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Fetal movements refer to the movements of an unborn child while in utero. They are an important indicator of fetal health in some instances, as a lack of fetal movement can signal a problem. Doctors may have expectant mothers do “kick counts” to determine the likelihood of fetal stress, or movements may be viewed on an ultrasound machine.
The first fetal movements are generally felt between 14 and 22 weeks of pregnancy. Some women report movements as early as 10 or 11 weeks, although other sensations like gas can often be mistaken for the earliest kicks. Although it is different for everyone, the first movements are described as feeling like butterfly wings, gas bubbles, flutters, or a slight poking sensation. These gradually become stronger kicks, prods, and pokes as the pregnancy progresses. Women who have had babies previously will likely notice the first movements earlier than first timers, mostly because they are better able to differentiate between other sensations and movements.
No two babies develop in exactly the same way, so even if kicks aren’t felt by 22 weeks, it doesn’t always indicate a problem. In most cases, the baby is too far into the pelvis to be felt by that time or is in another position which makes his kicking harder to feel. An overweight woman may also feel her baby’s movements later than a woman with a slender frame.
If fetal movements still aren’t felt by 24 or 25 weeks, a doctor may want to do an ultrasound to make sure the fetus is all right. In most cases, everything is fine. If a problem is suspected, however, a non-stress test may be performed or a biophysical profile. Most times, the lack of kicks this early in pregnancy does not indicate a problem. In many cases, the gestational age will be off and the mother may be a few weeks earlier in her pregnancy than realized.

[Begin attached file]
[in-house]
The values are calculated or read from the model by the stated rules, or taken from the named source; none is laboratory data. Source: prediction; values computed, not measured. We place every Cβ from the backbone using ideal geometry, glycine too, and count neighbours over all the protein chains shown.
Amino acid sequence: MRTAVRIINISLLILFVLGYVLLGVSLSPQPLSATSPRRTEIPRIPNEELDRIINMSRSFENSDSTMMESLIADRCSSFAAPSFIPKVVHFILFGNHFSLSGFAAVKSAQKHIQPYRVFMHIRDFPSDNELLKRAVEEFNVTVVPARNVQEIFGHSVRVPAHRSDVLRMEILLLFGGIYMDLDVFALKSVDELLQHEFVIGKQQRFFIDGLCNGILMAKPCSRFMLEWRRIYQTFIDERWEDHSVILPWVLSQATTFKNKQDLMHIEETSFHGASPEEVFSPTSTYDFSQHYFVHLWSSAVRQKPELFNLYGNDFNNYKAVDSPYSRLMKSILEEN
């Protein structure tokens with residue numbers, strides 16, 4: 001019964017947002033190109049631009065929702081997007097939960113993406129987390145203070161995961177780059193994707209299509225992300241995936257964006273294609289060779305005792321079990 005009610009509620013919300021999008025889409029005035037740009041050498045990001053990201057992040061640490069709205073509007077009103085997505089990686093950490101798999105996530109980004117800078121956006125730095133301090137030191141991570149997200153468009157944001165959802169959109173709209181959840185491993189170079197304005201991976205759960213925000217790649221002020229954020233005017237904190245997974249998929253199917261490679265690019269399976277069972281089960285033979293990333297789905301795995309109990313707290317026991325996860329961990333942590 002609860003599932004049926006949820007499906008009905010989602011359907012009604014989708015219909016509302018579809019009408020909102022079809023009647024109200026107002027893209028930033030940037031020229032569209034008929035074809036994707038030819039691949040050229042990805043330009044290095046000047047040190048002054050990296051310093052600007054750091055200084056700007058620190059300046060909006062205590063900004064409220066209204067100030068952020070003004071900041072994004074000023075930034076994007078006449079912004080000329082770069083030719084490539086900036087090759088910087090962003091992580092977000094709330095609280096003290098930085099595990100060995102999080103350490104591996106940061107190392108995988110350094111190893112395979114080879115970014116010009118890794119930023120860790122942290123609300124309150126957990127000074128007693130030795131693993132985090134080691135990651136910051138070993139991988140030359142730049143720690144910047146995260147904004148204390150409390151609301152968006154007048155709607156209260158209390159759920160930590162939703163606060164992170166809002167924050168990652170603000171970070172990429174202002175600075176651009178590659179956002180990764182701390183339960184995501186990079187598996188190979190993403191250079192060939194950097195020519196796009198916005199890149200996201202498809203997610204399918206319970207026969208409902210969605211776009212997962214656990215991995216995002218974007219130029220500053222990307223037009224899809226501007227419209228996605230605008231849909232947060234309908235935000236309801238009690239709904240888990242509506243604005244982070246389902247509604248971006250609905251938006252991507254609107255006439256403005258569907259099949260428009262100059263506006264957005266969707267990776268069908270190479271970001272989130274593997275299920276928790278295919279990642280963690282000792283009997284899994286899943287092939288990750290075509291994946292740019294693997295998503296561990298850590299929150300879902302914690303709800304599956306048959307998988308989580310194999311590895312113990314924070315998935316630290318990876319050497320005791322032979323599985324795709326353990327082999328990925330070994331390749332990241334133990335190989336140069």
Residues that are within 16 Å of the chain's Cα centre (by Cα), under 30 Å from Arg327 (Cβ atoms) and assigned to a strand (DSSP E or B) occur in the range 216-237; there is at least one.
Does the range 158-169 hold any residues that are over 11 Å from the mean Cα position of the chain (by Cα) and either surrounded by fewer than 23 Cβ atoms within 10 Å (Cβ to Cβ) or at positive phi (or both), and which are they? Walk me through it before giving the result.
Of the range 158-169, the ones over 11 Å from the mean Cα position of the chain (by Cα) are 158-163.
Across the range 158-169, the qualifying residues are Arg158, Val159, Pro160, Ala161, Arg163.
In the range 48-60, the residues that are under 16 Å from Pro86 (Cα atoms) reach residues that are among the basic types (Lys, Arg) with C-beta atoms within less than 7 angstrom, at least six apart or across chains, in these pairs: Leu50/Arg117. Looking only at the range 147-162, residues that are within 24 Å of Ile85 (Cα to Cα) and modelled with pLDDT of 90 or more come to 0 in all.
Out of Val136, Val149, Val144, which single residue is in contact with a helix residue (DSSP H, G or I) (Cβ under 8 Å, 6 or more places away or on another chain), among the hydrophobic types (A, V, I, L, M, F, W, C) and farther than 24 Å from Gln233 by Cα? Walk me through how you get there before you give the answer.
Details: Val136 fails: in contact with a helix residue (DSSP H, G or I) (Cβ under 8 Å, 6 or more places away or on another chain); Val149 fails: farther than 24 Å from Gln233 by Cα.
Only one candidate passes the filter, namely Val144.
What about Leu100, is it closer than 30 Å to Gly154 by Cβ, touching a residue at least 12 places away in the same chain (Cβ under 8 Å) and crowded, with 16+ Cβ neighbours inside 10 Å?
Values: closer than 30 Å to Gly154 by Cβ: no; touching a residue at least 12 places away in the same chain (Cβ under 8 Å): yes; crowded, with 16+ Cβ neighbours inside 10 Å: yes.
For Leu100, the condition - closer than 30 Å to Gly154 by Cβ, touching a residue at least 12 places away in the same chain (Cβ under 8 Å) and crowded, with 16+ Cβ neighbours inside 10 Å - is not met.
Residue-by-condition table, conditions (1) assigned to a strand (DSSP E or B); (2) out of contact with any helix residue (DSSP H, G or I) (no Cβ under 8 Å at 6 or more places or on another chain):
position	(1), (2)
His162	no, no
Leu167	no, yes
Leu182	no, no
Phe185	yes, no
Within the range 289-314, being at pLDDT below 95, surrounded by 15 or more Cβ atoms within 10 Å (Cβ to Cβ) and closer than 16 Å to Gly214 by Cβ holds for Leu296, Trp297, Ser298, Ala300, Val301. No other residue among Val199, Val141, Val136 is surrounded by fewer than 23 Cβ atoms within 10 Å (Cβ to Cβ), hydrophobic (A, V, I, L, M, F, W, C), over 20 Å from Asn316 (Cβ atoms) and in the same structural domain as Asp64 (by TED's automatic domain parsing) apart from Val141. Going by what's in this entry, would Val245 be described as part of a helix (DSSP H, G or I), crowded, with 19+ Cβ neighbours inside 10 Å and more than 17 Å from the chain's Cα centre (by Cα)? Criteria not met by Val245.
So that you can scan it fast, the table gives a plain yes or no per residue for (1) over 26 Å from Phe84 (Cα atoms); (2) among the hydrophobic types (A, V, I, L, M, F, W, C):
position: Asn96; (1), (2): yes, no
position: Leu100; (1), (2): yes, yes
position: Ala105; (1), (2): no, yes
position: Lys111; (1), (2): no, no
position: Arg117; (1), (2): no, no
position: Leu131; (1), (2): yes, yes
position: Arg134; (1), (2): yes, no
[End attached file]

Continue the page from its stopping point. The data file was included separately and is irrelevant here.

Once kicks are felt regularly, mothers can begin keeping track of when their babies are most active and of how many kicks are usually felt per day. There is no need to become obsessed with counting kicks, but if fetal movements seem less frequent than usual, it may be a good idea to time them for an hour or two. At least ten movements, including kicks, flops, rolls, nudges, and hiccups, should be felt within two hours.
As general rule of thumb, kicks should be counted when the mother is lying down or sitting very still. During the day the fetus is often lulled to sleep by the frequent movements of his mom walking around or exercising, but at night he wakes up and becomes more active while she is sitting still or trying to sleep. Drinking a glass of ice water or gently poking the abdomen may also stimulate fetal activity. If few or no kicks are noticed within one or two hours, a doctor or midwife should be notified.
My midwife asked me to keep a kick count at one point, but I found this really difficult! Sure, sometimes you can definitely feel an elbow in your ribs, but a lot of the time, I wasn't sure if I was feeling fetal movements or just a touch of indigestion. She said, though, that the important thing was to make sure I was feeling at least ten movements in two hours and that it didn't get less from day to day.
I had asked about kick counts earlier on, but she said you shouldn't try it until 28 weeks. Before that, most women just can't feel their baby's movements consistently enough to count them.
I was worried when I hadn't felt fetal movement at 20 weeks, but my doctor said it was totally normal. I had a routine ultrasound at that time and we could see the baby moving around like crazy! The doc said that especially with your first baby, it can take a while before the uterus is thin enough to feel movement through.
By a couple of weeks after that, I was sure I could feel her moving. It was fun to start noticing what seemed to make her move more. (She seemed to really like sweets!)
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